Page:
Abstract
This is the first volume of an impressive project on the relation of art, philosophy and social change. In an on-going argument and review ing several important aesthetic theories Paul Crow ther in this book argues for the idea that aesthetics should be a kind of critical assessment of art w orks' experiential consequences. Although I go along w ith his resistance against postmodernist reasoning, w hich functions as the starting point of his book, beyond that, our w ays often part. My disagreement, how ever, does not annul the evident quality of the argument in this w ork. It is recommended reading material for all those aestheticians w ho are interested in the cognitive and non-cognitive functionality of art w orks and in the possibility of any influence of art on societal change. I w ill now discuss the most crucial steps in Crow ther's argument. Postmodernists claim to have undone the alleged rigidity of modern categories, like that of the autonomous subject, but according to Crow ther they reach this `achievement' by overemphasizing the fluidity of modes of know ledge and experience, and of their status as social constructs, but there may w ell exist flexible constants. Aesthetics can help w ith the analysis of these flexible constants, not by looking for the essences of art or aesthetic experience, but by supplementing our theoretical assessments w ith a critique of art. Crow ther proposes to view aesthetic experiences as w ell as w orks of art as functions of critical aw areness and of body-hold, an historicized version of Merleau-Ponty's much neglected notion of embodiment. Critical aesthetics actualizes the critical aw areness involved in our aesthetic experiences. Art, defined in terms of originality, roots in the body-hold of the artist, w ho moulds his medium to solve technical problems traditional art forms confront him w ith. Postmodernism involves only tw o theses, really. First, contemporary experience and sensibility are analyzed as imbued by the shocks generated by the rapid succession of mechanically reproduced events..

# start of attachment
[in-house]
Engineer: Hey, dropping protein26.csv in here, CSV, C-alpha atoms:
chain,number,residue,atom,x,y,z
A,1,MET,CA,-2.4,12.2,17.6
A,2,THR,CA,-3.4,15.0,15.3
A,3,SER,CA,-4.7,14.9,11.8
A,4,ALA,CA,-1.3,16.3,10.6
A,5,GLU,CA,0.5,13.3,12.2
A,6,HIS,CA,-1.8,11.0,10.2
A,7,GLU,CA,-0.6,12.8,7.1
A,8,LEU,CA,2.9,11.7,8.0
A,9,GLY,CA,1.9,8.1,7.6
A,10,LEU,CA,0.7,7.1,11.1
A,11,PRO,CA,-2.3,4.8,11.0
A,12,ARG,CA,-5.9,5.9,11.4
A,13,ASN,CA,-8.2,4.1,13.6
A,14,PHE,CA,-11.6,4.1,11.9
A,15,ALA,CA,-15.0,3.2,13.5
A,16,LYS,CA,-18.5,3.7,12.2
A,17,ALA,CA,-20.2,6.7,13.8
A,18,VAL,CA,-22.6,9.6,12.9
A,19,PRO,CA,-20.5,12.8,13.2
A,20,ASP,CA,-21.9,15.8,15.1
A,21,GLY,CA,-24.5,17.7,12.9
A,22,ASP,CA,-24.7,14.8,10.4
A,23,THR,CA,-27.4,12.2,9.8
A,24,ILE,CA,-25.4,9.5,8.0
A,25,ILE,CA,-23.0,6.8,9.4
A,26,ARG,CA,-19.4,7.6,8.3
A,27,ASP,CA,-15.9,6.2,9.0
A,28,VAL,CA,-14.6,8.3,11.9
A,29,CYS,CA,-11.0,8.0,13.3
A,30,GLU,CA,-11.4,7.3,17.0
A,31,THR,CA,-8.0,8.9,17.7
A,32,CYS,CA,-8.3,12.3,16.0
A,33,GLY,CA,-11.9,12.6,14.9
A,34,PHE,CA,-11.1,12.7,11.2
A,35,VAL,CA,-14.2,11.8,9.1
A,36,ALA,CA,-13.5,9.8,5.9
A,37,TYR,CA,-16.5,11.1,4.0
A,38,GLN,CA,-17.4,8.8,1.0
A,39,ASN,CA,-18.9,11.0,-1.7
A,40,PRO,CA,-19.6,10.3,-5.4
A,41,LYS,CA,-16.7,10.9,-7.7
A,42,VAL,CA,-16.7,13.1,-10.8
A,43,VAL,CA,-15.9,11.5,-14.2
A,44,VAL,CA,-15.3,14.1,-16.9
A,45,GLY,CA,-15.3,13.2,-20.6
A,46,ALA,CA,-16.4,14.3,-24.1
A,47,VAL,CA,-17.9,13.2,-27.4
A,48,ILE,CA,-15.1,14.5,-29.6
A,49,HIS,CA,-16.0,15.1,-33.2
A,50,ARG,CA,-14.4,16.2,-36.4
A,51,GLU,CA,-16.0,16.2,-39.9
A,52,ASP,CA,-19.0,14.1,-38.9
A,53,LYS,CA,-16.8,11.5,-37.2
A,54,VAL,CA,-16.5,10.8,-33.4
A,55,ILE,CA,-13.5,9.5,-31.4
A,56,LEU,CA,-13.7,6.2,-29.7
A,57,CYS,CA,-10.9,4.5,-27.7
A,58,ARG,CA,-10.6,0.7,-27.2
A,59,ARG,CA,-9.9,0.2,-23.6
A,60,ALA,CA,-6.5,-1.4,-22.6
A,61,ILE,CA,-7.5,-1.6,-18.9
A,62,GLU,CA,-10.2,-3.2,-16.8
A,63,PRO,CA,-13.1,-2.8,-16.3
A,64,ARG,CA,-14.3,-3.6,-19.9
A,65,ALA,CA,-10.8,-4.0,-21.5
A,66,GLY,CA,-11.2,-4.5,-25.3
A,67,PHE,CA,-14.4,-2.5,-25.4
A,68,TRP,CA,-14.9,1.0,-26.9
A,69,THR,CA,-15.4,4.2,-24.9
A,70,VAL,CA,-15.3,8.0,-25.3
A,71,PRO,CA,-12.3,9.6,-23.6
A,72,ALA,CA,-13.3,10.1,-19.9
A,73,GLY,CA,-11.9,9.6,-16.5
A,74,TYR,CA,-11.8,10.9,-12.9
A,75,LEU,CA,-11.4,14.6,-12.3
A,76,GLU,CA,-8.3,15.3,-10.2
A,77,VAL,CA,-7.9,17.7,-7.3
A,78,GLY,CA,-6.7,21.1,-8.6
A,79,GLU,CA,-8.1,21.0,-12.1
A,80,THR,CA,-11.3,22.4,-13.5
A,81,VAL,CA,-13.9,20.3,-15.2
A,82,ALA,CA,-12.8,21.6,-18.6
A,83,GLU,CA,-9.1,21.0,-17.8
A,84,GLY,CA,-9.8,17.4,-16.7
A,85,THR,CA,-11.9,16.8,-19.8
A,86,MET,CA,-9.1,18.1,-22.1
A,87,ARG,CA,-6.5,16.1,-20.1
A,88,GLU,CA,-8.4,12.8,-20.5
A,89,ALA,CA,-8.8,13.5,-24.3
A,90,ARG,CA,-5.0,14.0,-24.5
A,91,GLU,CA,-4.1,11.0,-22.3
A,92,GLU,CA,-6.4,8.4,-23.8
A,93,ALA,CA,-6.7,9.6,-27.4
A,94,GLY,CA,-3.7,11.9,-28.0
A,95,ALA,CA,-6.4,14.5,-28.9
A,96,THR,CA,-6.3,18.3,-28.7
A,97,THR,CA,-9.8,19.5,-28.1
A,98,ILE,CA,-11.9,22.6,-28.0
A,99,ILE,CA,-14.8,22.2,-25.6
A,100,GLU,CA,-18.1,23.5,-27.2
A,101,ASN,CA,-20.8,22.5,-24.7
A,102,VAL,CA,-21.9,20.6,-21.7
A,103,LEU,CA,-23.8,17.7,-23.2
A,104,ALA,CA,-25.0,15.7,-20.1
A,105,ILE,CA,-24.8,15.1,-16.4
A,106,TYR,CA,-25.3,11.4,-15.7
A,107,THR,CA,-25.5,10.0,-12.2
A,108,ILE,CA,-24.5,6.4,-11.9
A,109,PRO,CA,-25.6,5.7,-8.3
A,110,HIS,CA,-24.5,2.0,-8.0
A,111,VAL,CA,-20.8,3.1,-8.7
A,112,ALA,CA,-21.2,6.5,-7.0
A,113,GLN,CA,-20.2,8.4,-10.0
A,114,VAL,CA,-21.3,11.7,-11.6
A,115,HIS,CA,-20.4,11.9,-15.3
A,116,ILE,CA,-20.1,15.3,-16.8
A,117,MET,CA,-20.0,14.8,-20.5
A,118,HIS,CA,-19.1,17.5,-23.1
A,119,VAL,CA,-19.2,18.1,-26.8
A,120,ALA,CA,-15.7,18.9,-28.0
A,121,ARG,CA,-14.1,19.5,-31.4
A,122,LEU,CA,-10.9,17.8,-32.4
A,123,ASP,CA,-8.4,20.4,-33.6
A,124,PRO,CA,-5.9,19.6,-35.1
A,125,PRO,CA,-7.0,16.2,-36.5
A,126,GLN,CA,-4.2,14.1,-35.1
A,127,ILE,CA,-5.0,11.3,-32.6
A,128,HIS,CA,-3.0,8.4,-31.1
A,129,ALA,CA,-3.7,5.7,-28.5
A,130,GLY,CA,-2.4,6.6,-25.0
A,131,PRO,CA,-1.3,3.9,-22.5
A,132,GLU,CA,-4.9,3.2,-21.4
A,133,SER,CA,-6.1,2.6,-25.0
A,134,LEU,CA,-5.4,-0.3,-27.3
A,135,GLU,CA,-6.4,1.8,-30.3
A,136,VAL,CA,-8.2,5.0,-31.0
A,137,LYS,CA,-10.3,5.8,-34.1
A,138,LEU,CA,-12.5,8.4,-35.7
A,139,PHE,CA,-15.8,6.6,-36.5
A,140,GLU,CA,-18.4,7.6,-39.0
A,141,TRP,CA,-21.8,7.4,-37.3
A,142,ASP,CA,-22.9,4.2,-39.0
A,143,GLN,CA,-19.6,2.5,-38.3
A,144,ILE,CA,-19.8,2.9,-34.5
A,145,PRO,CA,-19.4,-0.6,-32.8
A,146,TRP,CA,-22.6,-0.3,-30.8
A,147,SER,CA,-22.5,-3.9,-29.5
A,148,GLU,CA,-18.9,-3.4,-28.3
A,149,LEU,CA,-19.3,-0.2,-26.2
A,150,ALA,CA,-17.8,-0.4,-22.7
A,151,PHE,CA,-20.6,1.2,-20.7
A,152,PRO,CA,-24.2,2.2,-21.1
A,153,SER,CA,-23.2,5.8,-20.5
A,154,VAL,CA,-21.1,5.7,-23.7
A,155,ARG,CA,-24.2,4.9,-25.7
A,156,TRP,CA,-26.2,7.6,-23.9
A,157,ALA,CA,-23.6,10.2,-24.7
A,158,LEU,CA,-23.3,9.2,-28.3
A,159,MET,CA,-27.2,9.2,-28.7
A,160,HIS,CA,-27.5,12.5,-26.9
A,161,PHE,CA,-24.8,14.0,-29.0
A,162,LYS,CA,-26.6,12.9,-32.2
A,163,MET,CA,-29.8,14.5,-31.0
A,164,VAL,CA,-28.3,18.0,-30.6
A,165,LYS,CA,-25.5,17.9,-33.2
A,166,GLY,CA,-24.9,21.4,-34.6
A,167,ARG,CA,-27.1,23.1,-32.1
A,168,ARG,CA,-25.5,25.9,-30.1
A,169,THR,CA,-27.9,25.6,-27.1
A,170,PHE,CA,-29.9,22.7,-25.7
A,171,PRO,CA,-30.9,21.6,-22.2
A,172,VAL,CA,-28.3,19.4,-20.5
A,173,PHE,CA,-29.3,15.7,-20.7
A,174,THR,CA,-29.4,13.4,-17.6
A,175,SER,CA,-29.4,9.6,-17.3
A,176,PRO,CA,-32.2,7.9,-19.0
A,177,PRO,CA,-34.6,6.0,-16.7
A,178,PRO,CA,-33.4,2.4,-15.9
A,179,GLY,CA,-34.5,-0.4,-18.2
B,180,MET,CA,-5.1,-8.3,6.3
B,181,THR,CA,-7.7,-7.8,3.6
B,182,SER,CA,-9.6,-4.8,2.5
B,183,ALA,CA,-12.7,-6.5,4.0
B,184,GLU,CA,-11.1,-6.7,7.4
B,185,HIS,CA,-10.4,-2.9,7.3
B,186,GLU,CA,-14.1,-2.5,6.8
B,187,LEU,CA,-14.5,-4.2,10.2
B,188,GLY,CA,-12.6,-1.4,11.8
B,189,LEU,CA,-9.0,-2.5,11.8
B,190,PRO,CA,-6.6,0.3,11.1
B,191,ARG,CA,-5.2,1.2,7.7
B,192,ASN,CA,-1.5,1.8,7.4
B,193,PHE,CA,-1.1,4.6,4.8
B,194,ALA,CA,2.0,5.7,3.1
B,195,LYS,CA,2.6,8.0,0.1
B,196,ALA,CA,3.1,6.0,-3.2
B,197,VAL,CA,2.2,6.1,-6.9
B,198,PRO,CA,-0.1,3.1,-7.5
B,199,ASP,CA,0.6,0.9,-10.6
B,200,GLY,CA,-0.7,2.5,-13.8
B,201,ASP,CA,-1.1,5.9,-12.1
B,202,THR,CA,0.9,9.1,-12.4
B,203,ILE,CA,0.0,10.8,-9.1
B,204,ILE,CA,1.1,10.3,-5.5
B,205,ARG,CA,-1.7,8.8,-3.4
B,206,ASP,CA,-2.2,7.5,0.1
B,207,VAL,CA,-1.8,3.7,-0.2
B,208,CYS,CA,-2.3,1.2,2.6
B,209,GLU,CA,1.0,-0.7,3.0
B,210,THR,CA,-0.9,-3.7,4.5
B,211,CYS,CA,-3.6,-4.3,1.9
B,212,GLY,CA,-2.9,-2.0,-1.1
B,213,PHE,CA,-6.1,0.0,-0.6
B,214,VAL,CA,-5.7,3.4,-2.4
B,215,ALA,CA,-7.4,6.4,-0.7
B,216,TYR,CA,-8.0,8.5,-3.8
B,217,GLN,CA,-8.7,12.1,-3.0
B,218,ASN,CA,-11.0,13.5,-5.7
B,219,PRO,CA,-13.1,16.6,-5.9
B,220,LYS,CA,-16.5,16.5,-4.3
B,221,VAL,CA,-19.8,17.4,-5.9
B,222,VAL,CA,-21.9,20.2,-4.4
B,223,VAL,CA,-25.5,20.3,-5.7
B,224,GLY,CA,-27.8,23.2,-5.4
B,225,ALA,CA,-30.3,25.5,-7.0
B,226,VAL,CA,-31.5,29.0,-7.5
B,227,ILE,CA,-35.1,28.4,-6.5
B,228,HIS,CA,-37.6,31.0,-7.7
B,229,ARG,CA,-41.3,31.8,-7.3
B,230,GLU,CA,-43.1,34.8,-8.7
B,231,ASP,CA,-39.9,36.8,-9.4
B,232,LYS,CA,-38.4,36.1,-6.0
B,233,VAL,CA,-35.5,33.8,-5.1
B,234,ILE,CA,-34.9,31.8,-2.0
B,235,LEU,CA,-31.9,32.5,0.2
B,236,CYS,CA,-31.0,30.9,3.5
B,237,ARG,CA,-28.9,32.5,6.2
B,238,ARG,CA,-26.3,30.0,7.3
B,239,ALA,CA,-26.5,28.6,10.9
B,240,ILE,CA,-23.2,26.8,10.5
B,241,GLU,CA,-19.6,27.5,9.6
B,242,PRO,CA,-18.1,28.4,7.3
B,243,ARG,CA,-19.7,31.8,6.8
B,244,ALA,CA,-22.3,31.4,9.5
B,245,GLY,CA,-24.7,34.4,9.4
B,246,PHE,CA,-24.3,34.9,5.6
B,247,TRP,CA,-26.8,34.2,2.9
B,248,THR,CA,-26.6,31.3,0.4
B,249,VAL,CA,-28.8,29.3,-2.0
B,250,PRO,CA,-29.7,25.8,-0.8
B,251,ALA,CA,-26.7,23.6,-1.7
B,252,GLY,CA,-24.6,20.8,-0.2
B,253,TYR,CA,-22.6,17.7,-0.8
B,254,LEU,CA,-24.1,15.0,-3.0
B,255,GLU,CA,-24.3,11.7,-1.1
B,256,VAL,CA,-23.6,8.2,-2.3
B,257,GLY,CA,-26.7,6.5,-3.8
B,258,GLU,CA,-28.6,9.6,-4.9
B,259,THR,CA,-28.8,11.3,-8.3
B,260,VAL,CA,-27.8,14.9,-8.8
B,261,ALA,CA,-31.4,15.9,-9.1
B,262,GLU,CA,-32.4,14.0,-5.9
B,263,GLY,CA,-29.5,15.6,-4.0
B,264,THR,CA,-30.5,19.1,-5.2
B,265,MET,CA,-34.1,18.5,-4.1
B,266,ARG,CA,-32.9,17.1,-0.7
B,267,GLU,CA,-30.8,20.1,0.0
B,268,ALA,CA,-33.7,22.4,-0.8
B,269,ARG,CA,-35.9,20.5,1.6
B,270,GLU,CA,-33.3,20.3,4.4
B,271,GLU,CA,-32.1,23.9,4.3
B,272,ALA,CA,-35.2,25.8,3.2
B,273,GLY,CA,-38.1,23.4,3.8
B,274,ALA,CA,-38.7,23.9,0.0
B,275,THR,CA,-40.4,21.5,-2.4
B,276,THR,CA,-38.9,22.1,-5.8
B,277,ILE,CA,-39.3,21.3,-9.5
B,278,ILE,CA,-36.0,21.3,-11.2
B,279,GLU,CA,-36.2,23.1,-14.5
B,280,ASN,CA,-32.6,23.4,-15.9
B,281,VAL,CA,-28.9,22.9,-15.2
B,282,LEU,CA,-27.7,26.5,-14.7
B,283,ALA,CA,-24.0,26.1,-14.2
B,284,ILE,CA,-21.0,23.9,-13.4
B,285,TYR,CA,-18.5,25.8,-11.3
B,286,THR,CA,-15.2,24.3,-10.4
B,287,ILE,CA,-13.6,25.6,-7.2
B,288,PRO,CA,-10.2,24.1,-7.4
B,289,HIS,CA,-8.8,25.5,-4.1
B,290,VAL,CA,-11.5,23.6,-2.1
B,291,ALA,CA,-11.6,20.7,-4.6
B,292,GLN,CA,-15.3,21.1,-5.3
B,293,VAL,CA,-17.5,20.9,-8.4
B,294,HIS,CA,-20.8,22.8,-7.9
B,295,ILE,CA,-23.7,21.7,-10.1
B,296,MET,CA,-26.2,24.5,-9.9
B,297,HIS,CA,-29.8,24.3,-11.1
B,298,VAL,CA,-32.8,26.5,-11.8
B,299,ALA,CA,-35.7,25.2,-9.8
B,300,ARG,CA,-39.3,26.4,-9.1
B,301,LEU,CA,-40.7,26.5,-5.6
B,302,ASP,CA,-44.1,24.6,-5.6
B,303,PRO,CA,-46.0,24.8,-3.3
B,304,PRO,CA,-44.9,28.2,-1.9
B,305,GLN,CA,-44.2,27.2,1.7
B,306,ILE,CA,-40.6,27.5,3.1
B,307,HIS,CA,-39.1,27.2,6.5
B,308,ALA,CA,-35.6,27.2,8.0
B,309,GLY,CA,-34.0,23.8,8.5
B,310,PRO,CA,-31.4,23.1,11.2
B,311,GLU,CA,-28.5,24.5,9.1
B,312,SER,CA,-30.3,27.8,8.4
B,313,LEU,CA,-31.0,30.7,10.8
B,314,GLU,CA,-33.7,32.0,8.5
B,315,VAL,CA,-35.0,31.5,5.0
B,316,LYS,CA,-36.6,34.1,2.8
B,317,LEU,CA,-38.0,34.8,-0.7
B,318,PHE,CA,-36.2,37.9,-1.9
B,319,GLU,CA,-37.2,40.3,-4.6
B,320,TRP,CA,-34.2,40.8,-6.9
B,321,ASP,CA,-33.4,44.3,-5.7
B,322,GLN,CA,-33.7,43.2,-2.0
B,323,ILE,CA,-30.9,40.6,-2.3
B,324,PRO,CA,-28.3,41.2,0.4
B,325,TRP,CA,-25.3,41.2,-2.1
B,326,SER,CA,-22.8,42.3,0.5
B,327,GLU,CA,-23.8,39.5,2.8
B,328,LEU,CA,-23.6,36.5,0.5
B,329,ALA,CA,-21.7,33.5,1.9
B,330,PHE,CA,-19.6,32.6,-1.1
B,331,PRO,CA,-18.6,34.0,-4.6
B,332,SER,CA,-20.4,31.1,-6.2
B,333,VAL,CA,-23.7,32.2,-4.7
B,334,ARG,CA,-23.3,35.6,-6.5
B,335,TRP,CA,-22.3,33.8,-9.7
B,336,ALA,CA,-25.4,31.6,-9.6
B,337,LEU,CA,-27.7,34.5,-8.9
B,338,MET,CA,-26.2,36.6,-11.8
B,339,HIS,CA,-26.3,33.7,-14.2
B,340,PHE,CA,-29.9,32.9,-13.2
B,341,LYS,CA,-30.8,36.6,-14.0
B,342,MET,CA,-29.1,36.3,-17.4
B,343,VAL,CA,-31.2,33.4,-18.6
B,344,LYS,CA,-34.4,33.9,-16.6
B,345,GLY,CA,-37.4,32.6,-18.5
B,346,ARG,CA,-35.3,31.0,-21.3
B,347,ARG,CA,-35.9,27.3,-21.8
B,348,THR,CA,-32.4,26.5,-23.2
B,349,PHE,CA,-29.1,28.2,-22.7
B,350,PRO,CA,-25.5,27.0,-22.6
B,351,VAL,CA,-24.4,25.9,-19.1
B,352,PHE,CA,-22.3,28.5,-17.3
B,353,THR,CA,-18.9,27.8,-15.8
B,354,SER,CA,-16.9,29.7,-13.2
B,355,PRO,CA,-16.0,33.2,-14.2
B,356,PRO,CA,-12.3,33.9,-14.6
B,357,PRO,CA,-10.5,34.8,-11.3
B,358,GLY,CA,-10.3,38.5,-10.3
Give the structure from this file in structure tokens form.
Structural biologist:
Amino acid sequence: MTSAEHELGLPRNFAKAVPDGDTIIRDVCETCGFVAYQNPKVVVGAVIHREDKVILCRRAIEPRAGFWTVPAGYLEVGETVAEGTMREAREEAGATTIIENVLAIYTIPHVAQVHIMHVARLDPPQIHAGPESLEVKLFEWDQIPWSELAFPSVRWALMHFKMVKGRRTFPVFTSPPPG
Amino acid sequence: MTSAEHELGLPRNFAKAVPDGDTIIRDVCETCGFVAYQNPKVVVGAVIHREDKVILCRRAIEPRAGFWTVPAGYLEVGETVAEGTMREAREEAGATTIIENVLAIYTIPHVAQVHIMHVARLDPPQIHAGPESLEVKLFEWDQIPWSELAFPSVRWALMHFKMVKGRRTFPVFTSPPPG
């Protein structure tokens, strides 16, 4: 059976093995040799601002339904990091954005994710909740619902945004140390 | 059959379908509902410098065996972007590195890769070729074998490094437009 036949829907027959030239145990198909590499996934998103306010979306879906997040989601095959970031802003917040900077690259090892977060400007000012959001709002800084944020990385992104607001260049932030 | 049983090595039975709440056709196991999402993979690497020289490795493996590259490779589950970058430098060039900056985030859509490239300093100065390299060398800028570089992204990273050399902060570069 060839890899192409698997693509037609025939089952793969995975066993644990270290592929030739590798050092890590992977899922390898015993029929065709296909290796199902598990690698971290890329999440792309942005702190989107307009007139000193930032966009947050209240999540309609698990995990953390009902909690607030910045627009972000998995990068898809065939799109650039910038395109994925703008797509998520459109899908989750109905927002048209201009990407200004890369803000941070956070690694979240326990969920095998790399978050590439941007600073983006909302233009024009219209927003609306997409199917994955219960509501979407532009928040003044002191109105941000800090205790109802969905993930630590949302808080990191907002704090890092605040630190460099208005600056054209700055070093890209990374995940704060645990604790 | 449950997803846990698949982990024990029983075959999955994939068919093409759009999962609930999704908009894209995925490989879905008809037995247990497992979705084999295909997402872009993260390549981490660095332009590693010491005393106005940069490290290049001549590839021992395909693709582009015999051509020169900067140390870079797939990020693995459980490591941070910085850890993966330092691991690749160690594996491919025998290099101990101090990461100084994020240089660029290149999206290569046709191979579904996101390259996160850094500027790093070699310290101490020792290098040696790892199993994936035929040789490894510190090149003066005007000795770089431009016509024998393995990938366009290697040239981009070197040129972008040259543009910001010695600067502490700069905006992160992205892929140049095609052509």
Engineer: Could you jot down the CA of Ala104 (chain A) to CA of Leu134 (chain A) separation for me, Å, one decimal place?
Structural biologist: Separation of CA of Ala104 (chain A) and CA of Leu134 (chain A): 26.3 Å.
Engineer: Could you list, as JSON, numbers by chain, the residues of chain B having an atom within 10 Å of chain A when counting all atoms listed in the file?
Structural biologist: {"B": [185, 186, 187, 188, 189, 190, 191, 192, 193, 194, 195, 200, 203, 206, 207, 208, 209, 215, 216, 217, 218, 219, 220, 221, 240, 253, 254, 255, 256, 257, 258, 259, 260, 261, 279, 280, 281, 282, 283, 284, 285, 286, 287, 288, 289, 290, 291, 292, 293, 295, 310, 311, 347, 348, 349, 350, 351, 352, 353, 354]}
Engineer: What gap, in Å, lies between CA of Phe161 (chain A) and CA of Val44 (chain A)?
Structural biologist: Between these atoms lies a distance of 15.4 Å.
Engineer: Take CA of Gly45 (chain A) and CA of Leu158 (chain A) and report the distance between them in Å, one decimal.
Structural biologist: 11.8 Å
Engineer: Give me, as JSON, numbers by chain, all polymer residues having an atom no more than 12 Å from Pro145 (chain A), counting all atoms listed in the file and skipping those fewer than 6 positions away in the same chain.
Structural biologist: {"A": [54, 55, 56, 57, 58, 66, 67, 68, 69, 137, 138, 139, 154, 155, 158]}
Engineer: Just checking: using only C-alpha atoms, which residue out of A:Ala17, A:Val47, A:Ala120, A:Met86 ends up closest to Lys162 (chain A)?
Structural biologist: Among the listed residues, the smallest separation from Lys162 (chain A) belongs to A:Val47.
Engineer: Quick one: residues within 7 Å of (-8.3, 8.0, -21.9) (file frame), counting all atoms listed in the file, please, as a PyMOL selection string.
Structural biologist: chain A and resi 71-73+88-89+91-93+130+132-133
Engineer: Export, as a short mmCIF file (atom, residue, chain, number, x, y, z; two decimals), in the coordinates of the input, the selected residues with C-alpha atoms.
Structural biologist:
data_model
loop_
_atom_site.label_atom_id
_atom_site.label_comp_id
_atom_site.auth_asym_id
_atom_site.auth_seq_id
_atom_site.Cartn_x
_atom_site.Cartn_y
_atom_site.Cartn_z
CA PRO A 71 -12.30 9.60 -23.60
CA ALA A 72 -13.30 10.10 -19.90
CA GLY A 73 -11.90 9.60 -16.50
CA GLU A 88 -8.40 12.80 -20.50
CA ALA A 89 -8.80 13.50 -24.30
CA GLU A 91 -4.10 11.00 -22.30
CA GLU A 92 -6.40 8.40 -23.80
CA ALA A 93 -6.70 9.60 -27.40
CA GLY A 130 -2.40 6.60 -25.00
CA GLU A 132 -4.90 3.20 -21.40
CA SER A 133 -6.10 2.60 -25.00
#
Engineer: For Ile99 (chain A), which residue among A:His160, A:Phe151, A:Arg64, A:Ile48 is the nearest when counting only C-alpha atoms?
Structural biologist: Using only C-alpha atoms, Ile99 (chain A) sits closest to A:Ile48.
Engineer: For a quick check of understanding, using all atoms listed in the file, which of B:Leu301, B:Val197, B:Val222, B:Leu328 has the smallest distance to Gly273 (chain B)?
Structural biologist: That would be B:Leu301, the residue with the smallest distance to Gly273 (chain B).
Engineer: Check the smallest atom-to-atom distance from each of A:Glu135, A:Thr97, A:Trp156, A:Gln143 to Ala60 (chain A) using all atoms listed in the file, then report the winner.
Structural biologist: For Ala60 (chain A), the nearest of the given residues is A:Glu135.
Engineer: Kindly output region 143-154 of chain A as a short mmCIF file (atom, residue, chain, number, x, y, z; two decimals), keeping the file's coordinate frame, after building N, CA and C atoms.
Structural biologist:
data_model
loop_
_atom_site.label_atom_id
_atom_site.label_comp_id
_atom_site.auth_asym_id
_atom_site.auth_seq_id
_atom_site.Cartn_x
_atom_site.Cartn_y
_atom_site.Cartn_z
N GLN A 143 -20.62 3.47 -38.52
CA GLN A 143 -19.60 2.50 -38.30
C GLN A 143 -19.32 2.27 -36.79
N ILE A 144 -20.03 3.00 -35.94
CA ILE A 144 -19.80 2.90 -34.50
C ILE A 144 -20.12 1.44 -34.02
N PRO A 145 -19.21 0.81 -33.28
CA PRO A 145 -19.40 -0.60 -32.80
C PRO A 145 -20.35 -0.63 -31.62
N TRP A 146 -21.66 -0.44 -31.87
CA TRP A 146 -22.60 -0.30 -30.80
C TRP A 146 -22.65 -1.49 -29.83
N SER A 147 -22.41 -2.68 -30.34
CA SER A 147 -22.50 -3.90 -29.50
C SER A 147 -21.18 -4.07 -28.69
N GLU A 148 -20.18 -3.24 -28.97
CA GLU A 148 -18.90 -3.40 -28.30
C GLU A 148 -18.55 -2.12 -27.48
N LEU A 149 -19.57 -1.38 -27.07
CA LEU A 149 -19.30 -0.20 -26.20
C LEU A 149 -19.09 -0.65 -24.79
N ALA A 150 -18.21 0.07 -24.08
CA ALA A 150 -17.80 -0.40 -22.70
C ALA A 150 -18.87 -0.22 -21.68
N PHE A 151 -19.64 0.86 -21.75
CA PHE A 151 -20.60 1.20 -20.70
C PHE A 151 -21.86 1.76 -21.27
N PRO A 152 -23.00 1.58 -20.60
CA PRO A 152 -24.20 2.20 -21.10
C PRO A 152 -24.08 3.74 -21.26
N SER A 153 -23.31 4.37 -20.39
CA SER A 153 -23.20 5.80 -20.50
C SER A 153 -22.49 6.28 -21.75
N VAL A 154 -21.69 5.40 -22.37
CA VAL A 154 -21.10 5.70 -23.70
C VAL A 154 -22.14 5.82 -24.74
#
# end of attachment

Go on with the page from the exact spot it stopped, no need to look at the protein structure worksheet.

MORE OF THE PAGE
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Mind and World.Huw Price & John McDowell - 1994 - Philosophical Books 38 (3):169-181.
Mind and World.John Mcdowell - 1996 - Philosophical Quarterly 46 (182):99-109.
The Artworld.Arthur Danto - 1964 - Journal of Philosophy 61 (19):571-584.

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